If anyone were to move through all sections of the VKI site and come to have more than one set of VKI GA cookies, it would immediately indicate a bug in our implementation (a missing call to _setDomainName). That could lead to inflated visitor & visit counts, inflated bounce rates and campaigns and referrals that go nowhere. On an eCommerce site, it means revenue would not be attributed to campaigns, ads or other referrals.

It pays to keep an eye on the domain hash.

Raisin hell with the leading “.”

Vital fact #1: ‘’ = 142977202; ‘’ = 24489125

Vital fact #2: Regardless of the leading period, the browser sees them referring to the same domain.

1+2 = 0. If only one call to _setDomainName(‘’) on the site does not have the period, ga.js will calculate and look for a different domain hash, not find it, think there are no cookies and create a new set. The browser, however, when creating the new set, will overwrite the existing set.

The tell-tale sign is a domain hash of 142977202. We now wish we had only the problems of a missing _setDomainName(). In that case, the set of cookies containing traffic source status still existed and attribution of goals and revenue may still have been possible on pages with the _setDomainName() correctly set.

Now, the first set of cookies is overwritten and gone forever. It may be difficult to find the page with/out the delinquent “.” since, as soon as we move to a page that is correct, the browser deletes the incorrect set, leaving no tell-tale crumbs. Looks like an editor with a serious searching feature is required if, as the analytics implementor, you have access to the source code.

Not to get overly philosophical, but one wonders about the leading period’s raison d’etre!

Sub-component Values

My preferred method of learning and teaching is to kick the subject matter around whenever legal – particularly where it can be done interactively

Not all prefer such methods but I hope you will benefit from the following real-time table in the iframe. It loads VKI’s GA Interactive html script which calls our GA cookies class script gaVKIcookies.js.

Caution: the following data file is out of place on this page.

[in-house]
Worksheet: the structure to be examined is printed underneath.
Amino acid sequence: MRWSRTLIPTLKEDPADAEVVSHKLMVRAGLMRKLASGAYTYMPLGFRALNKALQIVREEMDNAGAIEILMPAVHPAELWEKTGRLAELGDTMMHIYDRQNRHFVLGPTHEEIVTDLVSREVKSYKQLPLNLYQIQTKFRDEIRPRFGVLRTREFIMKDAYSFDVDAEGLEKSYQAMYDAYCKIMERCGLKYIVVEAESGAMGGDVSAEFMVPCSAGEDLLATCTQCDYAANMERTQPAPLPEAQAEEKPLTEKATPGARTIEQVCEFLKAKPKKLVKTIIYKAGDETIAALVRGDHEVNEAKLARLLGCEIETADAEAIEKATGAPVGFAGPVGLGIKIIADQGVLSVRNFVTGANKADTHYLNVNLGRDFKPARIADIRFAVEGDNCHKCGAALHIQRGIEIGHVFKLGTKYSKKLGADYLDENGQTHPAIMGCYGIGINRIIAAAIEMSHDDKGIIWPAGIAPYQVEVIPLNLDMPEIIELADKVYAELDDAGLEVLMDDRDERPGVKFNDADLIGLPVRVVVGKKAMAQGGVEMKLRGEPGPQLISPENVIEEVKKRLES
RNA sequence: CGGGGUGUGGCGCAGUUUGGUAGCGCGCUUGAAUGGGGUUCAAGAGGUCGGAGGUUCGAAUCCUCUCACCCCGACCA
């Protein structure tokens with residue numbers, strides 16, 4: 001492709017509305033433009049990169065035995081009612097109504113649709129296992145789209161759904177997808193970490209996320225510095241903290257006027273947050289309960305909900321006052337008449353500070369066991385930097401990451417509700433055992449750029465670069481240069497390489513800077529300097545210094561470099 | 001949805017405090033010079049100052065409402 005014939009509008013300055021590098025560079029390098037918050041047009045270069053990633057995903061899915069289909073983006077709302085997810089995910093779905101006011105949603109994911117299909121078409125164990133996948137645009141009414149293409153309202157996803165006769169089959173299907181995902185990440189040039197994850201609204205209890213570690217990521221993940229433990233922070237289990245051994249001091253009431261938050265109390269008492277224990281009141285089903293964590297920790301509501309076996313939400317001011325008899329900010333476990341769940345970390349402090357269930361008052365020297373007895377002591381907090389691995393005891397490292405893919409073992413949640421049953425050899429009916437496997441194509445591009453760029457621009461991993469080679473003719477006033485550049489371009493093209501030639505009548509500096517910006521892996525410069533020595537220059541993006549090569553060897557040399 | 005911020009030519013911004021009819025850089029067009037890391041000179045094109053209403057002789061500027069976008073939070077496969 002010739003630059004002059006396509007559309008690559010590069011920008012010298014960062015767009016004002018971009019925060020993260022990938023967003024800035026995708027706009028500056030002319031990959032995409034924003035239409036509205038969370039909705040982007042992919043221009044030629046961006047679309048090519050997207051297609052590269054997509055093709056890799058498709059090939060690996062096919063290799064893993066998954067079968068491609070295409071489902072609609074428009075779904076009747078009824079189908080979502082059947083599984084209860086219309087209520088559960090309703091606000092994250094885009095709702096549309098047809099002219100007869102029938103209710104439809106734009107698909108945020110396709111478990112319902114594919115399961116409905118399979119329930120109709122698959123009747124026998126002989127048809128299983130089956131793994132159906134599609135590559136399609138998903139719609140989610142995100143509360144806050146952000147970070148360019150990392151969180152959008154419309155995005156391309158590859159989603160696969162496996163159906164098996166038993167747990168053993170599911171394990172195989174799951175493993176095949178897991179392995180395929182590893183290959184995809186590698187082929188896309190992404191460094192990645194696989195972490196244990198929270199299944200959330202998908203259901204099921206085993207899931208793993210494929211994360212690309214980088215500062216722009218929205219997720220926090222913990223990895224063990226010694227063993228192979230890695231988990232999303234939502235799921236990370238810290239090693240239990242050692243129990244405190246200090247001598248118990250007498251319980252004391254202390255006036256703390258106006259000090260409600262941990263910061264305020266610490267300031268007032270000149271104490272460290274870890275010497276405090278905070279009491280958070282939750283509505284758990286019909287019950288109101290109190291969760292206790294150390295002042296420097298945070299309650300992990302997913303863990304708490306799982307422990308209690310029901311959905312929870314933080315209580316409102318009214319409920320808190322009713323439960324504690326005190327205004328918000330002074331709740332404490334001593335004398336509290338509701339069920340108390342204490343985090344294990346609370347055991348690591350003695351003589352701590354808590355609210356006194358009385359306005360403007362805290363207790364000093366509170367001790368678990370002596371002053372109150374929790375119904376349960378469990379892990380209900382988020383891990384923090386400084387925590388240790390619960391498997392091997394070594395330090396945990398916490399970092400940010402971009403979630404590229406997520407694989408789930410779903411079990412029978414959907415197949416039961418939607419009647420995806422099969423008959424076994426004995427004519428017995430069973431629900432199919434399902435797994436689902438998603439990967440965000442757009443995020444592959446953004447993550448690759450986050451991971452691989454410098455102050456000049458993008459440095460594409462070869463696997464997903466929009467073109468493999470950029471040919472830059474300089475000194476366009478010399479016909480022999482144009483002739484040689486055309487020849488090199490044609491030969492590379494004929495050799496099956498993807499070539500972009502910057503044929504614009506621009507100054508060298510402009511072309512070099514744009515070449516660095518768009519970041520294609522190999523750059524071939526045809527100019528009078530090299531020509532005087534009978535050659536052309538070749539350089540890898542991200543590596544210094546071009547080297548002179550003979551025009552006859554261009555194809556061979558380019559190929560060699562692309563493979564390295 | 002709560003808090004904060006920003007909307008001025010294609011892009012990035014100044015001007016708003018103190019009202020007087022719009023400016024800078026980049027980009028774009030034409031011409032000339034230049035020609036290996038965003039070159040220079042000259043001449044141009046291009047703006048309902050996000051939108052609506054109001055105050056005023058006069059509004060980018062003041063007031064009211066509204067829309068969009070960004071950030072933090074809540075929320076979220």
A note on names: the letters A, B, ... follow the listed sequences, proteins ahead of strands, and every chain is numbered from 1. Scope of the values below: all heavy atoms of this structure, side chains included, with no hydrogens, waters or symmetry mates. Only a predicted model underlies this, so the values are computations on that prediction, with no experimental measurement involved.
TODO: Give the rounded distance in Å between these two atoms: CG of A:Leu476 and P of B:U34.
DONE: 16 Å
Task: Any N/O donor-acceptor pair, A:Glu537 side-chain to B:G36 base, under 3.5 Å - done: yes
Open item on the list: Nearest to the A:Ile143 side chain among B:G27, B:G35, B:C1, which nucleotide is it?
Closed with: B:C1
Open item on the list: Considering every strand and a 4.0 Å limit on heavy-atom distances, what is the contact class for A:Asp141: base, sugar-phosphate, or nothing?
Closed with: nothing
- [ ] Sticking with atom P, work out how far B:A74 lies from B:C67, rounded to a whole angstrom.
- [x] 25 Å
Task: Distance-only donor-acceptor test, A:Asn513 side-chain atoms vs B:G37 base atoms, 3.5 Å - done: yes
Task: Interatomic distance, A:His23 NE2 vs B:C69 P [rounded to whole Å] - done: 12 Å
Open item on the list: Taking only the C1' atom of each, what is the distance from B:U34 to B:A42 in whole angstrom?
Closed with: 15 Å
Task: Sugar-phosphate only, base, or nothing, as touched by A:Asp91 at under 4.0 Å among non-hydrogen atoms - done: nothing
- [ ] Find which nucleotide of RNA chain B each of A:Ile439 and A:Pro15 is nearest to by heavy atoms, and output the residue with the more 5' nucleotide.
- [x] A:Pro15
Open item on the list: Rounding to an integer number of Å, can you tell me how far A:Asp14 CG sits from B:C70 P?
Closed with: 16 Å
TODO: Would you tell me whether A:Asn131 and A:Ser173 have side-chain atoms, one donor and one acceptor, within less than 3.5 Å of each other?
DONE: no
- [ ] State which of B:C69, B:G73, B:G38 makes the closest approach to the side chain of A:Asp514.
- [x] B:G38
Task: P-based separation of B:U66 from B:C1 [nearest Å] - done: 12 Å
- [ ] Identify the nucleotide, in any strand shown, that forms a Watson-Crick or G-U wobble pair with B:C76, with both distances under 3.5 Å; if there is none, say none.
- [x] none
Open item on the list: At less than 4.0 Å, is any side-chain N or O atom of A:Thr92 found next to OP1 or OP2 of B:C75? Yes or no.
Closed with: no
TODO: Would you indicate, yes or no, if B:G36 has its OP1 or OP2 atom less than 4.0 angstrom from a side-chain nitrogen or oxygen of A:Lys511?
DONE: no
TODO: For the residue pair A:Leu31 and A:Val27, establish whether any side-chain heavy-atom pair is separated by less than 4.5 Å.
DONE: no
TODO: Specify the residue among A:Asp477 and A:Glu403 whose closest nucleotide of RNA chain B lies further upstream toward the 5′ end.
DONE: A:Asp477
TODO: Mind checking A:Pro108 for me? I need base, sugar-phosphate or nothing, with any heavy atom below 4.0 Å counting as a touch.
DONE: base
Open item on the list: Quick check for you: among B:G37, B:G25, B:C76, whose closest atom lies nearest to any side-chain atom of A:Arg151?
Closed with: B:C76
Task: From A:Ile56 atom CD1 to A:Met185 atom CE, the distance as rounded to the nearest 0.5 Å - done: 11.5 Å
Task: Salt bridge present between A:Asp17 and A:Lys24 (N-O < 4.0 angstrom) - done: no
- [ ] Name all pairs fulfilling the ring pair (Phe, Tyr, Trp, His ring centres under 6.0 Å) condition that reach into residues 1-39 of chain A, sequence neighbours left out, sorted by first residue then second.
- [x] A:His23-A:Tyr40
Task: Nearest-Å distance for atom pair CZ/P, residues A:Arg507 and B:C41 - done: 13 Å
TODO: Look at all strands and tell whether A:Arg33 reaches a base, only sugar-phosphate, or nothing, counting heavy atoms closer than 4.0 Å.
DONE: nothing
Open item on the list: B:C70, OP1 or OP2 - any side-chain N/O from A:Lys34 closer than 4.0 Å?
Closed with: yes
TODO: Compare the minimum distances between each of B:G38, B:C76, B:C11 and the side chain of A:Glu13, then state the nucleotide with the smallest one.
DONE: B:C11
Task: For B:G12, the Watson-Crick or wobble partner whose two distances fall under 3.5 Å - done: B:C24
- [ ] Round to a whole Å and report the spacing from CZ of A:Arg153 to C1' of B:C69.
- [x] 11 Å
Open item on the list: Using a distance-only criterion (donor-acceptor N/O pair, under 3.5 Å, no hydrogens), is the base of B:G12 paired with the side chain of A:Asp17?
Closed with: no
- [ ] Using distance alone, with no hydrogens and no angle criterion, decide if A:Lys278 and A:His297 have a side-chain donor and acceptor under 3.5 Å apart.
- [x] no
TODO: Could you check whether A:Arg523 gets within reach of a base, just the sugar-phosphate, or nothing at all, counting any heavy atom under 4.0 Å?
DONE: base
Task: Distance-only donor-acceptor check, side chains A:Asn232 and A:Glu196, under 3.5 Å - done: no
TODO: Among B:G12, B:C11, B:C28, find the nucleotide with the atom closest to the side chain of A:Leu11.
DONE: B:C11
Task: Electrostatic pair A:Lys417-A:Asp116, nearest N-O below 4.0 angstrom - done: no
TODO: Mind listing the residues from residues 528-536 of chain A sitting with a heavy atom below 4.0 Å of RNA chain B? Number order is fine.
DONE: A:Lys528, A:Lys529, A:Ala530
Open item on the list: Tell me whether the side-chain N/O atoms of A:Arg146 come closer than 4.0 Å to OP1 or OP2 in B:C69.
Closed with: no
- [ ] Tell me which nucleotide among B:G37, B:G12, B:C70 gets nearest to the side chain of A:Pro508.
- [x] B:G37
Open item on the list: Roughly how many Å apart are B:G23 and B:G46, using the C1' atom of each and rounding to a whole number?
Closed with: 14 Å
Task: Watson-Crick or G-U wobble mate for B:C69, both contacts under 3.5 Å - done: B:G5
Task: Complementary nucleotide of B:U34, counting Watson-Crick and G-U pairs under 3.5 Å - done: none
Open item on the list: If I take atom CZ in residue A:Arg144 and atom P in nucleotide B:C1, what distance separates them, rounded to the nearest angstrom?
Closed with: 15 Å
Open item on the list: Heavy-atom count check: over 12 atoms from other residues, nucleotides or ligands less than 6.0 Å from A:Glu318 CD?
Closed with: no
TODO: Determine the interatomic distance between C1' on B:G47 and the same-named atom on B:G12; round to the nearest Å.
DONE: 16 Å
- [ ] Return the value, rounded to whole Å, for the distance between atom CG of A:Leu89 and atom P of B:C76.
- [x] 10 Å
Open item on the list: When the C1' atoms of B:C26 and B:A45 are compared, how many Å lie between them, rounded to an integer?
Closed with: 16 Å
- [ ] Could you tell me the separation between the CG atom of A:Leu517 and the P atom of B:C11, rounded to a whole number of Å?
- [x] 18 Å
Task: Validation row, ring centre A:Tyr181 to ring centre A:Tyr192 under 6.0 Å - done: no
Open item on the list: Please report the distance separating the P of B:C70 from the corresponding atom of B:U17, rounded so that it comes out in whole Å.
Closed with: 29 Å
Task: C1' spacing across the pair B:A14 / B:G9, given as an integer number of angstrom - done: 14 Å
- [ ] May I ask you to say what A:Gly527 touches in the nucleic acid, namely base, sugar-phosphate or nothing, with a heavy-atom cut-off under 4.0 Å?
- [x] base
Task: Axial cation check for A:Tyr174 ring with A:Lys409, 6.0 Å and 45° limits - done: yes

In fact it’s more than an explanatory aid – it’s a Crude Little Testing Tool.

Loading the page on its own will be a lot easier.

You may then also add debug=y as a querystring parameter to show the raw cookies and, listed separately, only those that contain the current domain hash

To get the most out of it, you will want to run the page and the script from a domain under your control. We have restricted the use of _setDomainName() to prevent the nasty problems listed above.

Crude Little Testing Tool

Upon loading, it uses default values that appear in the form. Seeing as we can’t have a real one, we are faking a campaign.

The iframe source and the above link to the page contain campaign parameters, resulting in the __utmz referral cookie being populated.

Many different scenarios may be kicked around to see how the cookies ingredients are affected:

  1. e-Commerce
    with multiple options, valid (1, 2 or 5 item transactions) and invalid (0 items).
  2. Simulate new visits and new visitors.
  3. See the
    affect of setAllowHash() options which when false, prevents ga.js from calculating a domain hash and simply using the value 1
  4. Play with
    (sub-)domains (limited when using the page on
    our site)
  5. Change the Web Property ID to your own UA-number
  6. Change the virtual pageview name (great for identifying the results appearing in your reports as being part of
    the tests you run)
  7. Set user
    defined values
  8. Disable
    sending a pageview to create 0 Pageview

In the next post, we will look at Cookie Rules. Everything you ever wanted to know about GA and other cookies but were too …. to ask.